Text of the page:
Racism, Anti-Semitism and other Socio-Political Aspects

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Central and Northern Europe have a reputation of being very welcoming to visitors, the former overtly so, the latter in a more subtle manner. Which is undeniably true. I can attest to that in both cases. But what people often leave out is that this is mainly the case for those who can seamlessly blend in. Look at travel brochures and the lack of diversity is either blatantly obvious, or handled in such a manner that makes you painfully aware of how the token [insert minority group of choice] was used  to attract credibility / commerce / [insert end goal of choice].

And this doesn’t just apply to travel. Micro-aggressions, discrimination, marginalizing anyone we feel does not blend in, are all too present in everyday life. More often than not so well hidden they are hard to prove. And then there’s the “unintentional” racism / anti-Semitism / discrimination, subconscious, learned, internalized. I grew up with relatives and family friends who blatantly engaged in this, and it bugged me every time. On the one hand because I felt it wasn’t right, on the other because these were people close to me, people who had married Jews, had taken food from black people, and worked side-by-side with Asians, and had had some contact with people from the Middle East. On top of that, these were people close to me, people who were meant to guide me, who knew I was “half and half and then some.” If they were like that with others, how could they not see me as being a part of the same group they were attacking? Though to hear them speak, they were neither racist, discriminatory, nor attacking anyone.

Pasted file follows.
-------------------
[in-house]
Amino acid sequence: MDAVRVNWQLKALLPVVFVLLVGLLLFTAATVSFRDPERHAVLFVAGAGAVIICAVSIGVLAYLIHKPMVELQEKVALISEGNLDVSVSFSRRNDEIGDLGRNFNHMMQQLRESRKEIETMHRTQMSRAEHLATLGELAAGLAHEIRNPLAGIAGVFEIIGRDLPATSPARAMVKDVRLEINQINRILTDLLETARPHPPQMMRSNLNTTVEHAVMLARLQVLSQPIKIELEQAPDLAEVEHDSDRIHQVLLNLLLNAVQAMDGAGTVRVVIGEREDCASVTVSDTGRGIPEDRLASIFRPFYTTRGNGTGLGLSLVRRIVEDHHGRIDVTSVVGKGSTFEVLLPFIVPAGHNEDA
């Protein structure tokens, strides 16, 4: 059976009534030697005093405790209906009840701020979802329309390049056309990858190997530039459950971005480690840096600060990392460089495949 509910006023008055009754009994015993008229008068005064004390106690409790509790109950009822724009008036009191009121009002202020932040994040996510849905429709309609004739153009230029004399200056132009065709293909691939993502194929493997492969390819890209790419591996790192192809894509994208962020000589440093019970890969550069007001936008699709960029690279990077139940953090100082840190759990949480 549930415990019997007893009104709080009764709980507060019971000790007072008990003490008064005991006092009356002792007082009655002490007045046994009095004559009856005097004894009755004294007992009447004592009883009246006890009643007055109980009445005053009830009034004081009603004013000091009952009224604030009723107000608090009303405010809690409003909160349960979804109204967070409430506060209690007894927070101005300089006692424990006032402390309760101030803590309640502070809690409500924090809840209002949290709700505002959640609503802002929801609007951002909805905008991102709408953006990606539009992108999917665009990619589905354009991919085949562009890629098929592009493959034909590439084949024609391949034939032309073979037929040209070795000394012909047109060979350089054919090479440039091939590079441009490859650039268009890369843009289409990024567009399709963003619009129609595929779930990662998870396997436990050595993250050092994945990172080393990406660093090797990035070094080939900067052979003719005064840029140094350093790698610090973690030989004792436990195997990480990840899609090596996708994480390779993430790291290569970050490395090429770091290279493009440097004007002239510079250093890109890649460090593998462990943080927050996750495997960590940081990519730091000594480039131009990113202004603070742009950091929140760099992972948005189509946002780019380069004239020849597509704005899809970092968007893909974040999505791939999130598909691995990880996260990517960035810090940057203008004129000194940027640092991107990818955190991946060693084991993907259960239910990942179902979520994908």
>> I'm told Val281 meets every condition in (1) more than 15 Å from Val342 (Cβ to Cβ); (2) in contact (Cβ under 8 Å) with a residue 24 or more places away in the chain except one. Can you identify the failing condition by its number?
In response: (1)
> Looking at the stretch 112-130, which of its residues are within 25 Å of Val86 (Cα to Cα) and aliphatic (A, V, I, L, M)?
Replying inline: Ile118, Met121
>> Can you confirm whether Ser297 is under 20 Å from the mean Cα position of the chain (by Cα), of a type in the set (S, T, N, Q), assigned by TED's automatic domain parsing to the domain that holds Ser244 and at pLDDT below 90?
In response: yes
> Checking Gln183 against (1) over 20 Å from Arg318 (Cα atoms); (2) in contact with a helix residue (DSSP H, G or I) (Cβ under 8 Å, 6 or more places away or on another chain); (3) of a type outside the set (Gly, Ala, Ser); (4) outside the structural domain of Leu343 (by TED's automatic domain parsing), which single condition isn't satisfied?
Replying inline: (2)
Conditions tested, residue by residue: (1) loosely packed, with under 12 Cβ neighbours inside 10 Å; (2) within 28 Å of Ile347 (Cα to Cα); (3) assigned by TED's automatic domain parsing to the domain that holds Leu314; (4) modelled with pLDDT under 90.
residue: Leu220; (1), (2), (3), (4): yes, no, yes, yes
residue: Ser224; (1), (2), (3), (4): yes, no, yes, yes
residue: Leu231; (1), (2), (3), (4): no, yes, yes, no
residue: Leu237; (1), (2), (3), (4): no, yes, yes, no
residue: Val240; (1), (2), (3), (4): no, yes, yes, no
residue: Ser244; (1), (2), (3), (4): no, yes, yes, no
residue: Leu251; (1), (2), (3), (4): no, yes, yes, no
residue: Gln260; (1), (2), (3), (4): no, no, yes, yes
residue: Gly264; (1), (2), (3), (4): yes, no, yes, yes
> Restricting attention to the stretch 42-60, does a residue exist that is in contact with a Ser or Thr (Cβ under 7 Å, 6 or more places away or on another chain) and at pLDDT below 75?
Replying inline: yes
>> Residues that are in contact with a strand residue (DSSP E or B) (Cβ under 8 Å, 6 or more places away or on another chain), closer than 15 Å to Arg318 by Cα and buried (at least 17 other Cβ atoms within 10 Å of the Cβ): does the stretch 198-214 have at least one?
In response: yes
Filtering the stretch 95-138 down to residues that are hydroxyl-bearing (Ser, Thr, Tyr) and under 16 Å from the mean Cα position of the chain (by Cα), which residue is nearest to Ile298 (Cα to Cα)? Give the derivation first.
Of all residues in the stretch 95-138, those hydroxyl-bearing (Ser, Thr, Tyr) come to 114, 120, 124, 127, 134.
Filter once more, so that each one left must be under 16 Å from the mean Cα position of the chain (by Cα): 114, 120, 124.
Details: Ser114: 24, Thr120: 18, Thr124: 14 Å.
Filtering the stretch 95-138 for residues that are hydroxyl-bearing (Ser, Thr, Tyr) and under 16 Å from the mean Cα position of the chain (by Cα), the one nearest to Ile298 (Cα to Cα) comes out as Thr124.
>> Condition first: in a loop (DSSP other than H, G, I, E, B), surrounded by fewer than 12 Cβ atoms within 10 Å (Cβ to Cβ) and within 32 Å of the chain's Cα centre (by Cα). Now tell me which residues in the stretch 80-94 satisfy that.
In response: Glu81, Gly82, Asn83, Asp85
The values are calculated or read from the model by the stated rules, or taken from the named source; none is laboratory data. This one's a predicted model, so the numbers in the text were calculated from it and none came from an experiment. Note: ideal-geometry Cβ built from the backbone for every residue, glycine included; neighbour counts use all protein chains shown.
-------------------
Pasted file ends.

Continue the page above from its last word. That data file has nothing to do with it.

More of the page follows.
While I love Hungary with all my heart and soul and identify as Hungarian, I don’t deny the problems this country has. I came back to be with family and friends, but I also want to document the good, the bad, and the ugly. If I leave out some parts of my or other people’s ethnicity it is not to hide behind a facade but to highlight that this is a universal thing. People (and I’m guilty of this as well) tend to focus only on the issue at hand, if group A is discriminated against, they will acknowledge that fact but will fail to extend it to group B and beyond. I want to make people aware that this goes deeper than just the inner circle. Whatever factors contribute to this racism and Us vs. Them attitude, I’d like to explore it in this section. Not just looking at the discrimination but also at people’s lives, the day-to-day struggles, the hardships and joys. Comments are welcome but keep them respectful.

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